I wonder about the wisdom of perpetuating a craze that appears to have created a division where none exists. I read, hear and see a lot of evidence to suggest that young people born into this age are more accepting of its digital equipment and the development of this than some who were born decades before. This is entirely to be expected.
My personal experience is that the young don't necessarily have any better command of the use of the technology nor keener vision of its potential.
The terms ‘native’ and ‘immigrant’, used in a digital context, place unnecessary and unwarranted barriers between older people who have a command of present-day technology, and yet are labelled ‘immigrants’, and the similarly able individuals who are younger, and are labelled ‘natives’.
Humans have an innate tendency to isolate people into groups, through criteria that involve seemingly peripheral and irrelevant differences. These can be of gender, age, skin or hair colour, height, girth, voice accent, ethnic origin or religious belief. You identify it; a category will exist for it.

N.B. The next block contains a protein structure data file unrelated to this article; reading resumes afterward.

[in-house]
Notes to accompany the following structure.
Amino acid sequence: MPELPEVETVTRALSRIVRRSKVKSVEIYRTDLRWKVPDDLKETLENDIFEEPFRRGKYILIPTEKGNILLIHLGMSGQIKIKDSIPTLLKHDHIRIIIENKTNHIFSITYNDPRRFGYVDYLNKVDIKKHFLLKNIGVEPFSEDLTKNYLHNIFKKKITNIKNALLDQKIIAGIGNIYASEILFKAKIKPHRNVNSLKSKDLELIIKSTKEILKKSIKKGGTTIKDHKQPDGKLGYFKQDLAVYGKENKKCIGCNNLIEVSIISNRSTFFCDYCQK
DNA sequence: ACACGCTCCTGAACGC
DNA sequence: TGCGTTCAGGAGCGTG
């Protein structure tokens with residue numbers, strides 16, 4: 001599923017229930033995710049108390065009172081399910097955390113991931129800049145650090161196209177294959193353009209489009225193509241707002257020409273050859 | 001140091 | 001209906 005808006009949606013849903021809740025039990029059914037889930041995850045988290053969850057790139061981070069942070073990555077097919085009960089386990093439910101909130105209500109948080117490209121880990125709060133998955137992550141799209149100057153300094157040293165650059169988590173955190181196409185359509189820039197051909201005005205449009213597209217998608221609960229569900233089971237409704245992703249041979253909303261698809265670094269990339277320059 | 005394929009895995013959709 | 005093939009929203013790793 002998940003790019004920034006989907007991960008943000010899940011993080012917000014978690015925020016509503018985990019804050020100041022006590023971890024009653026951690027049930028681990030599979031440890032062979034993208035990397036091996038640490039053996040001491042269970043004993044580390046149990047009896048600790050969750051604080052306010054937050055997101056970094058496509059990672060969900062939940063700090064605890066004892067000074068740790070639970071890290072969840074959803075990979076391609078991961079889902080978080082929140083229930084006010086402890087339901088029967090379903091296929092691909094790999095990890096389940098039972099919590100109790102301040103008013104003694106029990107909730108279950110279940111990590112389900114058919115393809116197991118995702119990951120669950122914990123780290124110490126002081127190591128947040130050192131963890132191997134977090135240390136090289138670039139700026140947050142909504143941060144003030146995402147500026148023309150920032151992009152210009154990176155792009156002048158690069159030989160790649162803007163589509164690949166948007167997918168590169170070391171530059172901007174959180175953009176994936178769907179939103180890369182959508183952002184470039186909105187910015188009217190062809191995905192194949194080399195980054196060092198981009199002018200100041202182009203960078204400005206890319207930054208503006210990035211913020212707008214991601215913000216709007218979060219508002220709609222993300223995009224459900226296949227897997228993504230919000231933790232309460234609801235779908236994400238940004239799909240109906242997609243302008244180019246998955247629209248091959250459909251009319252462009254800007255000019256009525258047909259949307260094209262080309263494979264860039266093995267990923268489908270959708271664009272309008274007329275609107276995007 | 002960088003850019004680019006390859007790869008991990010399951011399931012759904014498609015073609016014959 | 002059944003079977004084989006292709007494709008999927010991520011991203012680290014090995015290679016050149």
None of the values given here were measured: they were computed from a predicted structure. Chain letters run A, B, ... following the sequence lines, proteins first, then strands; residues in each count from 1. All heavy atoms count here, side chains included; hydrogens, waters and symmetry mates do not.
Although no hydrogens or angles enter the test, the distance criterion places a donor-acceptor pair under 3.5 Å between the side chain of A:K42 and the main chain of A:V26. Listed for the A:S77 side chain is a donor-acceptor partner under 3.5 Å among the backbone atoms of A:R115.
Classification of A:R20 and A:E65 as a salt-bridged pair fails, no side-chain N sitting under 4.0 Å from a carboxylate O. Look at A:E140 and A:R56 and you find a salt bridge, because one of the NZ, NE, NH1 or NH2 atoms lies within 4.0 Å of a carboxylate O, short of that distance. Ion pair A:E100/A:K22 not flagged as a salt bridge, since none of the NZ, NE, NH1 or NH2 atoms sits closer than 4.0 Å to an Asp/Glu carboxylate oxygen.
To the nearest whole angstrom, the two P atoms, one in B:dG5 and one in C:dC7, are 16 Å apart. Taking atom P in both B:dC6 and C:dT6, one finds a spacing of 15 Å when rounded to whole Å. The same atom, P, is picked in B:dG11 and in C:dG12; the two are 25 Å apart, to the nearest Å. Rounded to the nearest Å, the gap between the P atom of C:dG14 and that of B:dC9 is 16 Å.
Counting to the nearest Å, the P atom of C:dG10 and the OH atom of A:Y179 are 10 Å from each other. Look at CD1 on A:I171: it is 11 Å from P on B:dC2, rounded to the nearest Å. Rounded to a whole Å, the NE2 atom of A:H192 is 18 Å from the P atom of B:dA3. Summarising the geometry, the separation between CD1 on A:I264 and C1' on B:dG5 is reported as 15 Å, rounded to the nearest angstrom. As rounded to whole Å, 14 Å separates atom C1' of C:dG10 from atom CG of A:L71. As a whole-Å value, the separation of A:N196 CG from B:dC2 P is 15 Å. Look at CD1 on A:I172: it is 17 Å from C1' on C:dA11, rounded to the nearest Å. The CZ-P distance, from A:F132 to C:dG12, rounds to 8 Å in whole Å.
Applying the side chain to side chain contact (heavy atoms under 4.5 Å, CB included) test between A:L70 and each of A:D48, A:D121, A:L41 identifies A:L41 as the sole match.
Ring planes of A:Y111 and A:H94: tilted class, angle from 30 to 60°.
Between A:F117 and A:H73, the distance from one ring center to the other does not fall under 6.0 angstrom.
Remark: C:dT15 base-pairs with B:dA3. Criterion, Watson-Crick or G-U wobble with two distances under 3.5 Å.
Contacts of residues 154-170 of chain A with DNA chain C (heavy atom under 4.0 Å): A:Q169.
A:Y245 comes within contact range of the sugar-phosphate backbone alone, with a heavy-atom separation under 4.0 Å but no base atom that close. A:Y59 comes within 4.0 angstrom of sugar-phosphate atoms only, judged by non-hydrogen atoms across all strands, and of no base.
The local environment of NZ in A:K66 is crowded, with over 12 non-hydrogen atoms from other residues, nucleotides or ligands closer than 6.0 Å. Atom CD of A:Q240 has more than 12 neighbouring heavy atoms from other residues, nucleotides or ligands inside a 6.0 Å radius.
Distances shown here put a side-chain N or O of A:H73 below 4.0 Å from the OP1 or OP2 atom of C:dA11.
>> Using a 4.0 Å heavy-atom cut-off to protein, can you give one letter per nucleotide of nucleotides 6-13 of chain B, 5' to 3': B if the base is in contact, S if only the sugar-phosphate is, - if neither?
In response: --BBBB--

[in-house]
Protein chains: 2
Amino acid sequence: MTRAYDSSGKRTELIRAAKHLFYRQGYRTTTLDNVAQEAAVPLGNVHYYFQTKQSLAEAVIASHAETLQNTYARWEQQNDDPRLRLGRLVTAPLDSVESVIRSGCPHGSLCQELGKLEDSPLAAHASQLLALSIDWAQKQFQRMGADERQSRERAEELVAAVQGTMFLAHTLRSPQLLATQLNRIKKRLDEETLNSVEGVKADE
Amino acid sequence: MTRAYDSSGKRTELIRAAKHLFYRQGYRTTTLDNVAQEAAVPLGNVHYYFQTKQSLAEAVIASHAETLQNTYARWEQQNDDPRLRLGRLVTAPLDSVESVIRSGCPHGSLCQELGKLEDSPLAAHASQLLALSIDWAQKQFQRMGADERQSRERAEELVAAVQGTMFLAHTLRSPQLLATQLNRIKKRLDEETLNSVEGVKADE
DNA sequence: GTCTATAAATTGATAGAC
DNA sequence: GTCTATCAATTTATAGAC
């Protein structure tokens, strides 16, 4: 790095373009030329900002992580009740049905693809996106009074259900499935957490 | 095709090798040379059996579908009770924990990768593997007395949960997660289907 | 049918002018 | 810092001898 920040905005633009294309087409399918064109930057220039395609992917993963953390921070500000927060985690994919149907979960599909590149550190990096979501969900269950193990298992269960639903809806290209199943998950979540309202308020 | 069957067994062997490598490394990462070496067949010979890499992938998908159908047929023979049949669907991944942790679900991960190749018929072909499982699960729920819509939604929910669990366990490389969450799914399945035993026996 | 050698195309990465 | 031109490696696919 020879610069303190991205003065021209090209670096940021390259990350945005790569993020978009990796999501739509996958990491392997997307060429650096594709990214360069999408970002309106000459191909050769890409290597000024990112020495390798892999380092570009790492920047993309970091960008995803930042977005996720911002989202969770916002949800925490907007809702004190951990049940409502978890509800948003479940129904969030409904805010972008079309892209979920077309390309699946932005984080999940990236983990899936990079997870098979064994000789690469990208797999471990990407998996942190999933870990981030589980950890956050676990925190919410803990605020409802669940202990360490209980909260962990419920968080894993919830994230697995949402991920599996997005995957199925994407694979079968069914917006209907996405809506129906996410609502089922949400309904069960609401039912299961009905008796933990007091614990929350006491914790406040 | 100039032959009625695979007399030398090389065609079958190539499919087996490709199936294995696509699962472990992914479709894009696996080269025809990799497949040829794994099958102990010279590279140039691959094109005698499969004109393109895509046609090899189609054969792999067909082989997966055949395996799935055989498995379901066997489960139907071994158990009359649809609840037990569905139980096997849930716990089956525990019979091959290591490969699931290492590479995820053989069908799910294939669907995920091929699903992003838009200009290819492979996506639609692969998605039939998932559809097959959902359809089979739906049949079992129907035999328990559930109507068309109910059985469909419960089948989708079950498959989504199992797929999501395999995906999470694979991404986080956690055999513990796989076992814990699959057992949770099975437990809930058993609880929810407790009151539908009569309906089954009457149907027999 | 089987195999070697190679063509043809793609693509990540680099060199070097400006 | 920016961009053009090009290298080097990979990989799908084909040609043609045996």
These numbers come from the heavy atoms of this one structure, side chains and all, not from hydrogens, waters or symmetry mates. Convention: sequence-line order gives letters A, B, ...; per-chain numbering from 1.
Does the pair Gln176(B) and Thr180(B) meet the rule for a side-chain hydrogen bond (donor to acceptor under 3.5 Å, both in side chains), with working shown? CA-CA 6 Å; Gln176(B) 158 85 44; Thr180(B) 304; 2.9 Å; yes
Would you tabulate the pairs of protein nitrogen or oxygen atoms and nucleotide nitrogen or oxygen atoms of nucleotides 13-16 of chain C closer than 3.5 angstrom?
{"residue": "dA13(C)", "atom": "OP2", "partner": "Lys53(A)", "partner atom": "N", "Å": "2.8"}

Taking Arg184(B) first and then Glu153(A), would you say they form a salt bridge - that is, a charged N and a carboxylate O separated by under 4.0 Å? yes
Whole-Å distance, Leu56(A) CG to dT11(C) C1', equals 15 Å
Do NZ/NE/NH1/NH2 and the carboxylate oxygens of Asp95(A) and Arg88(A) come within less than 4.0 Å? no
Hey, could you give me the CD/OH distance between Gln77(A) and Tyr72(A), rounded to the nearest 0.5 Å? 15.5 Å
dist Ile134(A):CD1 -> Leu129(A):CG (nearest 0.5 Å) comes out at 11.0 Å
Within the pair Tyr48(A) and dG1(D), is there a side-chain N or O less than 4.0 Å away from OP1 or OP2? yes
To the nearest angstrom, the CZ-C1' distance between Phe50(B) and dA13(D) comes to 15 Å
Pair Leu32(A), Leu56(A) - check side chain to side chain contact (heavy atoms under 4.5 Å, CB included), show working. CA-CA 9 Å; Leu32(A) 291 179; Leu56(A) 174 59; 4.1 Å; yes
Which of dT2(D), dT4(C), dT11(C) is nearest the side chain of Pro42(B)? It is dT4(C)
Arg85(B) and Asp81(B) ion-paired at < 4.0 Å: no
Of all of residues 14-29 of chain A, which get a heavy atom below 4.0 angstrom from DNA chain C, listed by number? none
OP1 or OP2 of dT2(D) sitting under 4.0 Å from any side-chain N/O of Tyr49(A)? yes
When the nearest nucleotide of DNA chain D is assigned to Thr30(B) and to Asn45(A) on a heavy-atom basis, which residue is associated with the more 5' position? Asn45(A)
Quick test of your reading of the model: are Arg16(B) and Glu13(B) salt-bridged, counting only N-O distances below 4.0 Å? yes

The unfortunate use of the terms ‘native’ and ‘immigrant’ tends to bring to mind times or situations when these were used commonly in derogatory contexts. Their use can provoke prejudice. I’ve actually seen this happen. It isn’t pretty to watch.
A + B = C
Criteria for distinguishing so-called digital natives from so-called digital immigrants, some of which is seriously flawed, have been drafted since the beginning of this century. And they continue to be refined. I see more references to their mythical existence every day. The recognition of that is as if it were something clear-cut like 1 + 1 = 2.
This is despite recent and not so recent findings and reports that clearly indicate there is more to becoming digitally savvy and acquiring acumen with present-day technology than being born close to 1990. Just check out some of the references cited in Sharon Stoerger’s article, 2009.
One thing that’s clear from my experience as a teacher of both children and adults, is that young people, new to present-day technology, are no faster at understanding it and getting useful command of it, than newbies who are mature and perhaps decades older than they.
Those who are born into a digital-technology-rich environment are familiar with it, certainly. But it is in a way similar to how all of us in the western world are accepting of a 24/7 electricity supply, the technology to record sound and ‘moving pictures’, or the capacity to be able to make a direct call – Skype with video if you wish – from one side of the globe to the other.
I make no apology for this rant. It’s been a long time coming.
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